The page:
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What do CASA volunteers do?

The CASA volunteer's job is to ensure that the child is protected, to ensure that a stable home is provided, to ensure that a thorough family assessment is made, and to help the child find a safe and permanent home.

It is not the CASA volunteer's job to make decisions about the child's future. Rather, the CASA volunteer makes recommendations to the court to help the court to make the best possible decision. In addition, the CASA volunteer is not a "big brother" or "big sister." While friendships definitely develop between the CASA volunteer and the child, the primary purpose of the CASA volunteer is not to entertain the child, but rather to conduct research in order to make objective recommendations and advocate for the child's best interests.

Research is an important part of the CASA volunteer's activities. CASA volunteers conduct interviews and observe the children and significant people in their lives. They review a variety of reports, including social service, medical, school, psychological and criminal records. They attend meetings with the other professionals involved with the children and their families. They outline options and make written and oral recommendations in court regarding the short and long term best interests of the children. They advocate for needed services. They monitor court ordered plans to ensure the children's best interests are being met.

After completing a training process, CASA volunteers are equipped to ensure that the child to whom they've been assigned does not get lost in the overburdened legal and social service system or languish in inappropriate group or foster homes. Volunteers stay with each child until his or her case is closed and the child is returned home or placed in a new safe and permanent home. For many abused children, their CASA volunteer will be the one constant adult presence in their lives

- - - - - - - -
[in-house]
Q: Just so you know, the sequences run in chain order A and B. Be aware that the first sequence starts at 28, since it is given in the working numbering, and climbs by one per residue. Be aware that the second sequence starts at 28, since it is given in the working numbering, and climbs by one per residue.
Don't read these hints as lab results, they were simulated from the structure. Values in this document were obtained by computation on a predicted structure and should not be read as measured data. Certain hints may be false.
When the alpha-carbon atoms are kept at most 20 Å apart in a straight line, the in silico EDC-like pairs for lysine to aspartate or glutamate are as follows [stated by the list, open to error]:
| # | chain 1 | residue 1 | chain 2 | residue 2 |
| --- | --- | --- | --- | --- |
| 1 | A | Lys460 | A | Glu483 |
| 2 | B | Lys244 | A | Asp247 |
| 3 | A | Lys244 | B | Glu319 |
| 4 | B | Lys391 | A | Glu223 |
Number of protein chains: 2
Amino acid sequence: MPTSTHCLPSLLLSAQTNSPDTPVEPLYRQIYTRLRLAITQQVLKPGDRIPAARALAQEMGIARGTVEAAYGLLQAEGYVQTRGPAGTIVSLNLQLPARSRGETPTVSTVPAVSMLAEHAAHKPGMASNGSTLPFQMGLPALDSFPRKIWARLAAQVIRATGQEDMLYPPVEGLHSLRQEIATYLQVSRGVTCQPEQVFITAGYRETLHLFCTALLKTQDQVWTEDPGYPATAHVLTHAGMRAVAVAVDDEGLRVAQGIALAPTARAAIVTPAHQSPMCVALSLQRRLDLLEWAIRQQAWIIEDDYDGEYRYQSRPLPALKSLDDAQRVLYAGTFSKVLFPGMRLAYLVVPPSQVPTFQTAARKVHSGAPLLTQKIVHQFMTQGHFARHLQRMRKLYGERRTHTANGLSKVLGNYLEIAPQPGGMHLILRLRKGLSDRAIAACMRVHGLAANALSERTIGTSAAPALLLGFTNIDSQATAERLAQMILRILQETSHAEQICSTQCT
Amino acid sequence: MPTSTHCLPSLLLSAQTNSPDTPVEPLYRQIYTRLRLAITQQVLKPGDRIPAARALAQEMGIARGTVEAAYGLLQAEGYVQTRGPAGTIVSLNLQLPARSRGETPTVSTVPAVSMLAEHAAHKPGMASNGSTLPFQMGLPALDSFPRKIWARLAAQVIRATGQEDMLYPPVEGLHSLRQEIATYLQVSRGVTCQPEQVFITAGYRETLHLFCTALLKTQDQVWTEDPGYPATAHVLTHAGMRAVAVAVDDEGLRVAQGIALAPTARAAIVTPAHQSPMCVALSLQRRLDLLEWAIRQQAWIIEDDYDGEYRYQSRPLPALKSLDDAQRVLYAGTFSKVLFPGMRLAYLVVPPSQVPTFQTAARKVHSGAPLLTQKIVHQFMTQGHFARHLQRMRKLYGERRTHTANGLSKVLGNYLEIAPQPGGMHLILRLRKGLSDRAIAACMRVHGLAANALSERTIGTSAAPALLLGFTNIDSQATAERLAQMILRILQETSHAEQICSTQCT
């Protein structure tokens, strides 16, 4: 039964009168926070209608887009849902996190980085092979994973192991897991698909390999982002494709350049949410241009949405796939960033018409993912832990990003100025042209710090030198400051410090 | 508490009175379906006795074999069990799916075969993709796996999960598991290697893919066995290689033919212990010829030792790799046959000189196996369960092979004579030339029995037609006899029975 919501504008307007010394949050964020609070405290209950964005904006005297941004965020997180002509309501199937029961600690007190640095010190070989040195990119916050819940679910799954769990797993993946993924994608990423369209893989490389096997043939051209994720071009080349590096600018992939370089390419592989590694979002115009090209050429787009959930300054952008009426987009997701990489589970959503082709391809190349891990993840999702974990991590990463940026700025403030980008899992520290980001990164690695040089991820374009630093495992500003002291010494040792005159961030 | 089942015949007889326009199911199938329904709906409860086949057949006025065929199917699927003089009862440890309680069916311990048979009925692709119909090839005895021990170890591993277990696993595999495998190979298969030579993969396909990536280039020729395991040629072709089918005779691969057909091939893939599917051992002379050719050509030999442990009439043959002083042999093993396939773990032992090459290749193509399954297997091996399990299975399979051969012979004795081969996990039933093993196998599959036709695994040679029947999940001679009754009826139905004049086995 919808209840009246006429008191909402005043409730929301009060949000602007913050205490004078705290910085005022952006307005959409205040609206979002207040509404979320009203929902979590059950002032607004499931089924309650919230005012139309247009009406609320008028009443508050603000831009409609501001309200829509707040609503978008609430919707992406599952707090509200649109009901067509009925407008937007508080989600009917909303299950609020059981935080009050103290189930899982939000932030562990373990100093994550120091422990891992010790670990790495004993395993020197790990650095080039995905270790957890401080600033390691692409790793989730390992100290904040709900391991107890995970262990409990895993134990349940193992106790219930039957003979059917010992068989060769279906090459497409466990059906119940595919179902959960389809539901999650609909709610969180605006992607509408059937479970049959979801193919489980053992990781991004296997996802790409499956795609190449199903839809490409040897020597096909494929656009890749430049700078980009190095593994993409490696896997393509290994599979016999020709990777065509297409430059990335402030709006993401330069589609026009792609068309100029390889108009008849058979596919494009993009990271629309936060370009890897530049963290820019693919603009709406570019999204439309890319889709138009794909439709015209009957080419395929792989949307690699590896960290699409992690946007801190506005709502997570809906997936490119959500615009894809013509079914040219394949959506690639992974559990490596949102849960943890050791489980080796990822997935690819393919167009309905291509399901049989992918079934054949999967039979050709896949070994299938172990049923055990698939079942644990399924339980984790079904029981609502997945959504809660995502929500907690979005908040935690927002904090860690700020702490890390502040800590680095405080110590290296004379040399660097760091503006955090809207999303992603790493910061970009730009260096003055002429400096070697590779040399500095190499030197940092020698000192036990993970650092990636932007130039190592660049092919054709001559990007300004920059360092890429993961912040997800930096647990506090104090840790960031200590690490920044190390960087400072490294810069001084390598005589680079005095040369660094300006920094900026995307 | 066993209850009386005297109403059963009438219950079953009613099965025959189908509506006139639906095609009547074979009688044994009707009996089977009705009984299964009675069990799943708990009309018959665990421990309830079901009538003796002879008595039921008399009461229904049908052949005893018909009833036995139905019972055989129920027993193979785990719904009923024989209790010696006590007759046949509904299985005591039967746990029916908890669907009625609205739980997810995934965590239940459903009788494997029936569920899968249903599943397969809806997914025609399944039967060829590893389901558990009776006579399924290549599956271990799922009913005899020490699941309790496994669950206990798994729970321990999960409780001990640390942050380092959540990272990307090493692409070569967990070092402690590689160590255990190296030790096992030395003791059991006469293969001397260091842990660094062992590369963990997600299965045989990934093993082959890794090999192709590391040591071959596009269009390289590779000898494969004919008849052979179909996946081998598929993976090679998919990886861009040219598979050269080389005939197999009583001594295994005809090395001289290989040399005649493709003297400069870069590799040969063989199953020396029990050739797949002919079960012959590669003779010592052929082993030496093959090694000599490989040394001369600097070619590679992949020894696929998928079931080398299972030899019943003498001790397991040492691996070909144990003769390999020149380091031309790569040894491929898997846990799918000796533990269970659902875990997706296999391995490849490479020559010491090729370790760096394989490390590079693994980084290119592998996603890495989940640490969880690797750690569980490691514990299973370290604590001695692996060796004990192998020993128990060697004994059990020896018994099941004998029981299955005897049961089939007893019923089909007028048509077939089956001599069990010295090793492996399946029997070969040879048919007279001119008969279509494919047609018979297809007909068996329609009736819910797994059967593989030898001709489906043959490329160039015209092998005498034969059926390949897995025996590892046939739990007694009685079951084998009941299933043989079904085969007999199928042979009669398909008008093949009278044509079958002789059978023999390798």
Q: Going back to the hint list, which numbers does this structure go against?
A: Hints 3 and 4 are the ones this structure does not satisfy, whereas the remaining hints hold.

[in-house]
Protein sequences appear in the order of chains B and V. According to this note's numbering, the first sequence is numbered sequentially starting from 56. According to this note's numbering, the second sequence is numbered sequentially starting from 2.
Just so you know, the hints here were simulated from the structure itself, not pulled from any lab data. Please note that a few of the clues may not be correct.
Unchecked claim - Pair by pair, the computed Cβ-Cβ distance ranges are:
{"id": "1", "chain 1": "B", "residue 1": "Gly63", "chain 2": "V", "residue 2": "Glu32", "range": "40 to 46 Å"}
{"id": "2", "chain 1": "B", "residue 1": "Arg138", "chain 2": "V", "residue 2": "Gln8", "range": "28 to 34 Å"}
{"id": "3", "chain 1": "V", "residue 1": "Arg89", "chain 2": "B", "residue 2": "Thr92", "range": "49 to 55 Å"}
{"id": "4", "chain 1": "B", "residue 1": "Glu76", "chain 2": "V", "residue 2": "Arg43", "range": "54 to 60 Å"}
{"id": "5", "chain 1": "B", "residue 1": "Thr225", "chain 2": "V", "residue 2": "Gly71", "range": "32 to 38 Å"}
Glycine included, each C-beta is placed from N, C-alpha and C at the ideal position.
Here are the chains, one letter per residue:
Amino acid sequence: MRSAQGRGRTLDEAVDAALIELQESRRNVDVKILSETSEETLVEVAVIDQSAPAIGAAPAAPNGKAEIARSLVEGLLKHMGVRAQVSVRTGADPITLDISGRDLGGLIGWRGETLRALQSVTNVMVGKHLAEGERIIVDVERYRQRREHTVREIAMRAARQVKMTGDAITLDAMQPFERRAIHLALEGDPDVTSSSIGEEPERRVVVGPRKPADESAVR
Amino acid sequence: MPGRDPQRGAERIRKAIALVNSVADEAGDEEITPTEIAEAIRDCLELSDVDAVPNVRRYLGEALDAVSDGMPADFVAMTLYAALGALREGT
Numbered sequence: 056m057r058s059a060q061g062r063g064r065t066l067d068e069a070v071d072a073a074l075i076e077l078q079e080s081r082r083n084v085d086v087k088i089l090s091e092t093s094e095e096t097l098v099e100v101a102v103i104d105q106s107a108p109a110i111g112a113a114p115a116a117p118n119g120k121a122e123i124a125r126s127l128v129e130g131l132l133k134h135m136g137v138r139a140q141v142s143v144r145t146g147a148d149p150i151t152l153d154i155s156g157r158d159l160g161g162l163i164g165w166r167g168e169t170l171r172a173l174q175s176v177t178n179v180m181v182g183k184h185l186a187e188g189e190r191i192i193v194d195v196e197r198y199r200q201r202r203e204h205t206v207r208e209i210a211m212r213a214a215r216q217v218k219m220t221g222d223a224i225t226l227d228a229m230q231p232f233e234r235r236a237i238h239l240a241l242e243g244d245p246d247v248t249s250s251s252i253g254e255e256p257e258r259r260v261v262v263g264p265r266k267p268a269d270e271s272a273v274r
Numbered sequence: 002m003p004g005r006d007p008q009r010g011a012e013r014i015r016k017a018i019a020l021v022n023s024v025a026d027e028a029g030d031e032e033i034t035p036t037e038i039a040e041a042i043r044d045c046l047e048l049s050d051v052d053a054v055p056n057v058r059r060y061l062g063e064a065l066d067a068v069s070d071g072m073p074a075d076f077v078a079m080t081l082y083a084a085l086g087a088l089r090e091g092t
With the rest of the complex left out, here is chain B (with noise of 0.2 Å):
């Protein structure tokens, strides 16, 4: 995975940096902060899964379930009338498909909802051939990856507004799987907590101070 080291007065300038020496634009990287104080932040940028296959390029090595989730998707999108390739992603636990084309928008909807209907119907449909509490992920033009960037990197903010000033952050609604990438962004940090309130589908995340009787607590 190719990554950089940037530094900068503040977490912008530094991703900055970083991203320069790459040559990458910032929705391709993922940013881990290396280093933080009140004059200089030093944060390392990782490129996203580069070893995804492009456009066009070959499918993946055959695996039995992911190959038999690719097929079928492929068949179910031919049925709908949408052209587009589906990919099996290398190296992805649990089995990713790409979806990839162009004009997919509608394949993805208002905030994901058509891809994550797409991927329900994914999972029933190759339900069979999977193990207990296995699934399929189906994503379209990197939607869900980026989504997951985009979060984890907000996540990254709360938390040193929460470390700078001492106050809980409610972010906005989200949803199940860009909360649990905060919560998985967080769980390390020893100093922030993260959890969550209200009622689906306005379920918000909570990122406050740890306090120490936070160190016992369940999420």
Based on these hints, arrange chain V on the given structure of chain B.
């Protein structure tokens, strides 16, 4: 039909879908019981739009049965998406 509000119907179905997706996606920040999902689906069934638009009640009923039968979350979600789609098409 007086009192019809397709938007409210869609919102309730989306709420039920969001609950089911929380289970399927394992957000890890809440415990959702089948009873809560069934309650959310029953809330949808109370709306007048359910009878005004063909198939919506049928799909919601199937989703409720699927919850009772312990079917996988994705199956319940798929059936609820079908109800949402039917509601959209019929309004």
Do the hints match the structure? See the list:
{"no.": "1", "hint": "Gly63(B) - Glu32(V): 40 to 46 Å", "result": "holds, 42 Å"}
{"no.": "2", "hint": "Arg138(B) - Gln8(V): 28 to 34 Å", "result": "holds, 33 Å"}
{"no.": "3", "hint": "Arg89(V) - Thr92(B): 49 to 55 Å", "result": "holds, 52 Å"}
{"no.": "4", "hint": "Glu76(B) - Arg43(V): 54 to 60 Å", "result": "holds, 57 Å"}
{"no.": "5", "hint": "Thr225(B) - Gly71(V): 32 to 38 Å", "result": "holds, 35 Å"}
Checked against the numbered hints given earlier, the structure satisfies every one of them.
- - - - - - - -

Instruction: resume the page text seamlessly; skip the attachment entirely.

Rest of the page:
Expectations for CASA volunteers

Prospective CASA volunteers and Guardians ad Litem must complete a written volunteer application. Prospective volunteers must also complete a screening process that includes an interview, written references, a criminal background check and fingerprinting. All volunteers must complete 40 hours of pre-service training and 12 hours of continuing education annually. CASA volunteers also receive ongoing support and supervision from local CASA program staff; the CASA staff are there to answer questions, consult on challenging situations, provide additional education and resources as needed, and encourage our treasured volunteers. Lastly, CASA volunteers will receive reimbursement for their mileage and parking expenses.

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